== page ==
I went to war before I could vote
and no one seemed to think
it was either odd or unfair
not even me since I was just
a child at least in the eyes
of my parents if not the draft
board which did not worry or care
if I finished the twelfth grade
before I went to the killing fields
or skies since it did not matter
as long as I filled a place
in the quota for my county in
the opinion of the board of local
citizens many who had found meaning
in the first world war and thought
I should find worth in this second
one for colonies and race and to
assert that land and ethics vied
for significance in this conflict
so that selfishness and sacrifice
merged in the conflict in such
chaos that doing the right thing
was never that clear to the warriors
or even to the historians who
tried to put tidiness into human terms.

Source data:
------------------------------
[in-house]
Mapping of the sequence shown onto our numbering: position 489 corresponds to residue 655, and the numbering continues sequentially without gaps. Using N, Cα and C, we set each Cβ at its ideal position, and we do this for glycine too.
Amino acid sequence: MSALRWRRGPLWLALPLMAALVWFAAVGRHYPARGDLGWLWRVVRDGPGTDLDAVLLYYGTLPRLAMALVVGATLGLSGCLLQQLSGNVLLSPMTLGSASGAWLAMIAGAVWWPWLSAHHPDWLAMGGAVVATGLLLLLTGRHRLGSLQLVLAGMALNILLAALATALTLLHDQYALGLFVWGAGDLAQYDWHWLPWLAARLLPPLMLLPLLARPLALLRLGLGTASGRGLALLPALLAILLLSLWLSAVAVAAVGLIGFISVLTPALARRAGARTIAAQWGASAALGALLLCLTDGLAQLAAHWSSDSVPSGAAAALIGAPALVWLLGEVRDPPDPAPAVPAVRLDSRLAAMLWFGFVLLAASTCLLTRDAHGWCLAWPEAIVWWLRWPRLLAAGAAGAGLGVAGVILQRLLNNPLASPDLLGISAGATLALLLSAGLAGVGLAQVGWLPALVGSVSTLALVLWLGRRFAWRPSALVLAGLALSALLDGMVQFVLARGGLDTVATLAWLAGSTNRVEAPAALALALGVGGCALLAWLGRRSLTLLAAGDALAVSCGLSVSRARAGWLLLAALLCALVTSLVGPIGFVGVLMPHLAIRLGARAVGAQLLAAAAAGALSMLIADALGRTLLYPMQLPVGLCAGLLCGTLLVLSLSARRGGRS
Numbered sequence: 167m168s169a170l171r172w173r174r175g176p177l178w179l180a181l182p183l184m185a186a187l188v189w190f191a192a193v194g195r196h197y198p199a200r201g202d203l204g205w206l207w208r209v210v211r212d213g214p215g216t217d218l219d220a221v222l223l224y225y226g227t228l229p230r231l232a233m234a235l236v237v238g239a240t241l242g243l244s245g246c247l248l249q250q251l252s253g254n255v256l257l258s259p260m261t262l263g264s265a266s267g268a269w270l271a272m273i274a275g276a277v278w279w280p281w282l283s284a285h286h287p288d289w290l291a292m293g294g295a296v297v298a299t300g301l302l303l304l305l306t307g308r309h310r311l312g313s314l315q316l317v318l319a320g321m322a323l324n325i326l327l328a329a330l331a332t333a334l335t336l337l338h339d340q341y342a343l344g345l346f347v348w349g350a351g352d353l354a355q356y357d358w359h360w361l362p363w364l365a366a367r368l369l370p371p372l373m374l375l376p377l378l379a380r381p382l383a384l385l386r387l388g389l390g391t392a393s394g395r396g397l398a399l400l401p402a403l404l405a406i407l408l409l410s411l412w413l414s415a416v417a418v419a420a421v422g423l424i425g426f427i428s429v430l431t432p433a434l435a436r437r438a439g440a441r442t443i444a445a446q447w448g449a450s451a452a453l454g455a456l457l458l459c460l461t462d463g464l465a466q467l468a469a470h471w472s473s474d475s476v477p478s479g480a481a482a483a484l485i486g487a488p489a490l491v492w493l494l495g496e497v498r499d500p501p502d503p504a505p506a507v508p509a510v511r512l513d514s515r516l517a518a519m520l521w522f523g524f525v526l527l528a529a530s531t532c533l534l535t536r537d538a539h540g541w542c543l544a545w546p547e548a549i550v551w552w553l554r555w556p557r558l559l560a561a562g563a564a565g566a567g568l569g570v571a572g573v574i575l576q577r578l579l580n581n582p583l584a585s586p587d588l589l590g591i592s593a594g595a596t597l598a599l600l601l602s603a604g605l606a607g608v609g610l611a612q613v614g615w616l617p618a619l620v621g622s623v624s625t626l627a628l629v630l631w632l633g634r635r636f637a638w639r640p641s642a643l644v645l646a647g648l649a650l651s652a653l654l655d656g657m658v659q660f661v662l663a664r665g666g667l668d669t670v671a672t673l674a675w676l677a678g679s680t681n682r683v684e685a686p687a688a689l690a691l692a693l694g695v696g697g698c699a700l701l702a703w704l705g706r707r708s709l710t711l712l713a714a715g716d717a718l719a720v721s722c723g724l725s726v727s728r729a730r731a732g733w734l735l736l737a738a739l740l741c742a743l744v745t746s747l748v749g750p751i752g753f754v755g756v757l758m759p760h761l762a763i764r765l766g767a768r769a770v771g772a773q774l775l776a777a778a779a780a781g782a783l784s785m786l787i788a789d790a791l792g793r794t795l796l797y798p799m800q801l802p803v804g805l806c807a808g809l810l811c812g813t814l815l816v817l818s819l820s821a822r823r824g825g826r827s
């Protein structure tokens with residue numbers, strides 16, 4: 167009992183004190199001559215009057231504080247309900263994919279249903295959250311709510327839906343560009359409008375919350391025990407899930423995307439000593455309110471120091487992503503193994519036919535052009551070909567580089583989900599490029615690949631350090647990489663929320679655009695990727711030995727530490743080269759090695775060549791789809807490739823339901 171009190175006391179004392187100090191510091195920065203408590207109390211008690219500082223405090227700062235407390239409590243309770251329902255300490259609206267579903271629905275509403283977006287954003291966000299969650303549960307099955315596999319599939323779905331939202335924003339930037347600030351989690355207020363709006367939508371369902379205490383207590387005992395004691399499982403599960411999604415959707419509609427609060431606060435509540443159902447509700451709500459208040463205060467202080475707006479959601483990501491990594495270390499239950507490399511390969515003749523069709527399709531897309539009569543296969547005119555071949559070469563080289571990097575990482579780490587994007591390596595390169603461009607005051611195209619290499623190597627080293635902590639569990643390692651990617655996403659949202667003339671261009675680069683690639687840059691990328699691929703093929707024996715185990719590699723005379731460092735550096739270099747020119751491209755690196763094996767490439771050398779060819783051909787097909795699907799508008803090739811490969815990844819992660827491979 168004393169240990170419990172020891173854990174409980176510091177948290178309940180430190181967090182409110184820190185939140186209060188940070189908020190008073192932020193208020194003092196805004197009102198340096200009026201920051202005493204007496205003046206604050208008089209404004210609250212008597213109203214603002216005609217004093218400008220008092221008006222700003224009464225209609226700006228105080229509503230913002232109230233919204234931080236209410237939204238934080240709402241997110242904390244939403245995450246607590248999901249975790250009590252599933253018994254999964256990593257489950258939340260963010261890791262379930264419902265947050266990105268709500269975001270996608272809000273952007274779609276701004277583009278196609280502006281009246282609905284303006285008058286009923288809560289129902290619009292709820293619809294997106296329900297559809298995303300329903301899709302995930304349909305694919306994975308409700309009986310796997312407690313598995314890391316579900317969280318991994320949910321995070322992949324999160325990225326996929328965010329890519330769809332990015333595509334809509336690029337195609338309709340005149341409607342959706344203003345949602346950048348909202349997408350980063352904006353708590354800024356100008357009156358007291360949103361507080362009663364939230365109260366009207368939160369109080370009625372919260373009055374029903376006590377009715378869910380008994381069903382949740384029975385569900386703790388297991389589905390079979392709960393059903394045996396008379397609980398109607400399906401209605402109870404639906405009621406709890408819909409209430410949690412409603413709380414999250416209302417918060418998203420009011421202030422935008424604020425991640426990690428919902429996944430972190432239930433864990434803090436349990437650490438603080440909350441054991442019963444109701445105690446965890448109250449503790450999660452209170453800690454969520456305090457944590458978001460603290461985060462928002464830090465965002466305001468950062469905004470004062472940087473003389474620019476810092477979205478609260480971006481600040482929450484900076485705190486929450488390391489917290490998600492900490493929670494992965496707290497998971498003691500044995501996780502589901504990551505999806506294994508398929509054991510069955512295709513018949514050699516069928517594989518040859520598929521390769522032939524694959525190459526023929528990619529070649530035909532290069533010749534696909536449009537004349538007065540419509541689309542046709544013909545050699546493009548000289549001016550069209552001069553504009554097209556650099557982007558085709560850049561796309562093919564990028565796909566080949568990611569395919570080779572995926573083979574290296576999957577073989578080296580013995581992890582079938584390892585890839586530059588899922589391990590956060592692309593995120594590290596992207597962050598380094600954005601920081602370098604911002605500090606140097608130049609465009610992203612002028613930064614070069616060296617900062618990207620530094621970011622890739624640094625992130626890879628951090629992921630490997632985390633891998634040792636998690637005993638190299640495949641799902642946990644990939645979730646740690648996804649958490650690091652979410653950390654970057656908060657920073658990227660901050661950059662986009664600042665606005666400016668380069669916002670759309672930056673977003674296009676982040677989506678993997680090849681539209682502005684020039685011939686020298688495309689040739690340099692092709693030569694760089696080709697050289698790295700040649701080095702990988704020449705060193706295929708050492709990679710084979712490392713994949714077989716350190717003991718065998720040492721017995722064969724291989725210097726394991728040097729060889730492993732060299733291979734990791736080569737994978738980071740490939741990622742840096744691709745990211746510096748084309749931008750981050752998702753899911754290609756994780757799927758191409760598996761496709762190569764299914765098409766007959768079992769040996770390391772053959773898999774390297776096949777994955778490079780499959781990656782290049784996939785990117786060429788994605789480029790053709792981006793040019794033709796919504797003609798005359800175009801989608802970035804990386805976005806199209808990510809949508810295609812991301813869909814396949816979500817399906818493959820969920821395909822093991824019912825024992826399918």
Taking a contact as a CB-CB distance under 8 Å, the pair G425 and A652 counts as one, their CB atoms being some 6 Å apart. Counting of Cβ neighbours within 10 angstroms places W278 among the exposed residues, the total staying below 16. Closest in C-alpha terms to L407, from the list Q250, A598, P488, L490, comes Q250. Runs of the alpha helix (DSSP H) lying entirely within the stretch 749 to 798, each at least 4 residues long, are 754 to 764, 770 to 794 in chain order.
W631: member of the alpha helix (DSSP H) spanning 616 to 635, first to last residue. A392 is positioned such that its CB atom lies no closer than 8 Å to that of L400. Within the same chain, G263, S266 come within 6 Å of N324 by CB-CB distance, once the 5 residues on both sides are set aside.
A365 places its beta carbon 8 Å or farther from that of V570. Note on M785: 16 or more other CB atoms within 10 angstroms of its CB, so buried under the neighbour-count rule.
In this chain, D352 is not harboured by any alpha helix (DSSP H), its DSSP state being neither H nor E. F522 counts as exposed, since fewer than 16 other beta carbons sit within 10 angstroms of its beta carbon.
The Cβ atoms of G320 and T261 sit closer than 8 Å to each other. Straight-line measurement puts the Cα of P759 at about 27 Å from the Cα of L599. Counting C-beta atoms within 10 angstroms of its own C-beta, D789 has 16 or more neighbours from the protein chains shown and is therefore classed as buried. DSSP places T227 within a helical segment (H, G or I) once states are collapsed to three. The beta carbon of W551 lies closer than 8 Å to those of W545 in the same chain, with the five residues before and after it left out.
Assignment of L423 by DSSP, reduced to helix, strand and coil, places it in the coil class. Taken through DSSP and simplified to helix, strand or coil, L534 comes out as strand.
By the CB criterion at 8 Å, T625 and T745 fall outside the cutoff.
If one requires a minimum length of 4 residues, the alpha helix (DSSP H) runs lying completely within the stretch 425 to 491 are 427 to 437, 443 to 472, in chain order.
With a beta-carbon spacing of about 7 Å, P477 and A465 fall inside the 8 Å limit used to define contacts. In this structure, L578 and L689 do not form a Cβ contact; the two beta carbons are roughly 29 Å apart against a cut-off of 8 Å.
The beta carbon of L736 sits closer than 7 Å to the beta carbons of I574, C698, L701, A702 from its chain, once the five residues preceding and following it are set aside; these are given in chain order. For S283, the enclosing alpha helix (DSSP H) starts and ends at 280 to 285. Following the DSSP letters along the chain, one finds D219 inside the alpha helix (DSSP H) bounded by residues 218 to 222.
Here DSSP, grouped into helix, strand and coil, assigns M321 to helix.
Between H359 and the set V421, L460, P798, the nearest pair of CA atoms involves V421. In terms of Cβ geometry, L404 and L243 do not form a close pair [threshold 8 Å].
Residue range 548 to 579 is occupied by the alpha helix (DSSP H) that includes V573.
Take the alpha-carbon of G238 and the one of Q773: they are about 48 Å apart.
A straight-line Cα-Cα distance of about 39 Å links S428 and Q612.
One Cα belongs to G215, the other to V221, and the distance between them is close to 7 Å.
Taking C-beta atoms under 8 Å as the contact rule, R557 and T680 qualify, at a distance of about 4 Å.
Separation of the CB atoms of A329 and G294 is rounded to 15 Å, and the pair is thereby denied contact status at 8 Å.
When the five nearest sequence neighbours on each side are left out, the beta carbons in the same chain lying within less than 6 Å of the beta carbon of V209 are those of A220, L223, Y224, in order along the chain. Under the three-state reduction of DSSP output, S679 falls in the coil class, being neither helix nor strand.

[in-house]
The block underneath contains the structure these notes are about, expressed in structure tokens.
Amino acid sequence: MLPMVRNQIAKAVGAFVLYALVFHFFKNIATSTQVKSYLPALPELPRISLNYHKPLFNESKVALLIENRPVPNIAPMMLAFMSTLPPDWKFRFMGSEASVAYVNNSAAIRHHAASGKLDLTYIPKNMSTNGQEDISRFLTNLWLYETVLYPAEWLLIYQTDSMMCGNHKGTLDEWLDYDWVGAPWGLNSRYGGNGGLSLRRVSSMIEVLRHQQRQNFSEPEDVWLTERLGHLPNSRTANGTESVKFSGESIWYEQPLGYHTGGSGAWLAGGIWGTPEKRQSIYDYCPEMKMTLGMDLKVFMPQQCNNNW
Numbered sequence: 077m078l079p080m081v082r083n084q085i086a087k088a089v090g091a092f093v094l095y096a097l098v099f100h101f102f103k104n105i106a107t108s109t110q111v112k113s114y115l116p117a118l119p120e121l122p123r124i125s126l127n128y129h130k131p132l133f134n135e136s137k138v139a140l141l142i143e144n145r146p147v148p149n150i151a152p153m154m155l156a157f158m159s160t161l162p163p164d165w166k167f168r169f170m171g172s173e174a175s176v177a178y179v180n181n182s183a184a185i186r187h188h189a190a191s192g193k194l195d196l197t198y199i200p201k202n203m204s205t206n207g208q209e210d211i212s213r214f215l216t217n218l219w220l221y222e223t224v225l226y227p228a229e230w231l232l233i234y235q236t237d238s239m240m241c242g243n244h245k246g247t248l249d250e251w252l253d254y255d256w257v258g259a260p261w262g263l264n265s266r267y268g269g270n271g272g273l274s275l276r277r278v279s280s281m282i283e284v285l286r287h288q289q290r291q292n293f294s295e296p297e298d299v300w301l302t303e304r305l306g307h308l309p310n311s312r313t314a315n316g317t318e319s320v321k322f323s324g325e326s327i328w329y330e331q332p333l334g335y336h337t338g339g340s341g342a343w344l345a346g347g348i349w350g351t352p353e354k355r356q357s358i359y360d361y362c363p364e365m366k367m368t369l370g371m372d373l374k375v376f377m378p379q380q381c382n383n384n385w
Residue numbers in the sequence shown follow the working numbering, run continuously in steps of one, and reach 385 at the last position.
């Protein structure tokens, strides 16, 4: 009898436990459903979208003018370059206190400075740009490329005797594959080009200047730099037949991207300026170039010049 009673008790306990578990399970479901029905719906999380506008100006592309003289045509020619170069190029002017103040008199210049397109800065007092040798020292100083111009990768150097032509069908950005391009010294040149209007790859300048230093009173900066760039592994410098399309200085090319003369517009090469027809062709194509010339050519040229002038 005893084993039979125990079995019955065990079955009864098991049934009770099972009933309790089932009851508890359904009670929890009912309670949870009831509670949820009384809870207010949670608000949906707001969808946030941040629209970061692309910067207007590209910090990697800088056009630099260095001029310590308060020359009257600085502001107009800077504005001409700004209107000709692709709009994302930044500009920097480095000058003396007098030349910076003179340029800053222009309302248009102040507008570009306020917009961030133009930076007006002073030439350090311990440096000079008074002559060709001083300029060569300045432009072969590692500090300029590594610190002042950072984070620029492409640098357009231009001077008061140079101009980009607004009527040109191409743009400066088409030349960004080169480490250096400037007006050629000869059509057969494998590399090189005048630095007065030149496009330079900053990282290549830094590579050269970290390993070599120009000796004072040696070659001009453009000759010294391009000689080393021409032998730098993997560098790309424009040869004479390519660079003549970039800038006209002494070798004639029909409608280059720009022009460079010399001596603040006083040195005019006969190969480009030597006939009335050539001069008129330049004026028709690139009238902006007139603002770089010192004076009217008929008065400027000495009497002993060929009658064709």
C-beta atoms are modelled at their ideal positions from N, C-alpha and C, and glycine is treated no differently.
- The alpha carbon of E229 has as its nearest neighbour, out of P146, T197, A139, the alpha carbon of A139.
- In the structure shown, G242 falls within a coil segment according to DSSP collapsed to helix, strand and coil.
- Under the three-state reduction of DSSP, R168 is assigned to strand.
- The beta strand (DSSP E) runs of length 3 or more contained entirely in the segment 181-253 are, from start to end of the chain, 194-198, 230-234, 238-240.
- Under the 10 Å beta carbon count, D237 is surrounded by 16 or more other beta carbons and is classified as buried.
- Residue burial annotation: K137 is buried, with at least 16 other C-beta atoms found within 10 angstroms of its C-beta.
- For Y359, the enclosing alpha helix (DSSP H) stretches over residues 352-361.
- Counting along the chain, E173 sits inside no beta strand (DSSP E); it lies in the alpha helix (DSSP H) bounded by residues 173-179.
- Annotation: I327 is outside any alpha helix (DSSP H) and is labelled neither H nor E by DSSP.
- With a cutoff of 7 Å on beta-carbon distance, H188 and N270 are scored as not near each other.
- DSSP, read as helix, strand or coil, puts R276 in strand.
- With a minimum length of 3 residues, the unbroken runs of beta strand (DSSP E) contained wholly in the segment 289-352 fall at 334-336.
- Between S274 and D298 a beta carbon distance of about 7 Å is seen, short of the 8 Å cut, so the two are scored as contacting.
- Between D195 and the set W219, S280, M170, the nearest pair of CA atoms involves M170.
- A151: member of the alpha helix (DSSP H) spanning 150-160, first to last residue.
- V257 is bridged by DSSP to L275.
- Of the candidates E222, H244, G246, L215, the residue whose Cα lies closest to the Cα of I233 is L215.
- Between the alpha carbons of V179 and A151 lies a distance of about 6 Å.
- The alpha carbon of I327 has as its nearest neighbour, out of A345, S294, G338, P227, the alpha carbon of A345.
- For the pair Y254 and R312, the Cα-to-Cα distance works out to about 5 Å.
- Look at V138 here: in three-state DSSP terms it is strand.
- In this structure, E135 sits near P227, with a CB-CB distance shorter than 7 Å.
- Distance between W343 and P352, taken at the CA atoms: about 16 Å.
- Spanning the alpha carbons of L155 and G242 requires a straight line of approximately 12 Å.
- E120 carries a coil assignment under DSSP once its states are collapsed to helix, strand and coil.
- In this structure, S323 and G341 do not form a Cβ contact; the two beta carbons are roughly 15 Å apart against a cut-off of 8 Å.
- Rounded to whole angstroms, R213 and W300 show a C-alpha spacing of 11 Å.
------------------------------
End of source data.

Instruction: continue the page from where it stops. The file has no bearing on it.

Howard Winn’s writing, both fiction and poetry, has been published by such journals as The Galway Review (Ireland), Dalhousie Review, Descant (Canada), Break The Spine, Haight Ashbury Literary Journal, New York Quarterly, Southern Humanities Review, Raven Chronicles, Borderlands, Beloit Poetry Review, Xavier Review and Toyon. He is presently working on a novel dealing with Tom Brokaw’s “Greatest Generation.” His B. A. is from Vassar College. He also has studied as an undergraduate with A. B. Guthrie, Jr. and John Ciardi at Middlebury College. His M. A. is from the Writing Program at Stanford University where he studied with Wallace Stegner and Yvor. Winters. He has done additional graduate work at the University of California San Francisco. His doctoral work was done at N. Y. U. He has been a social worker in California and currently is a faculty member of SUNY as Professor of English.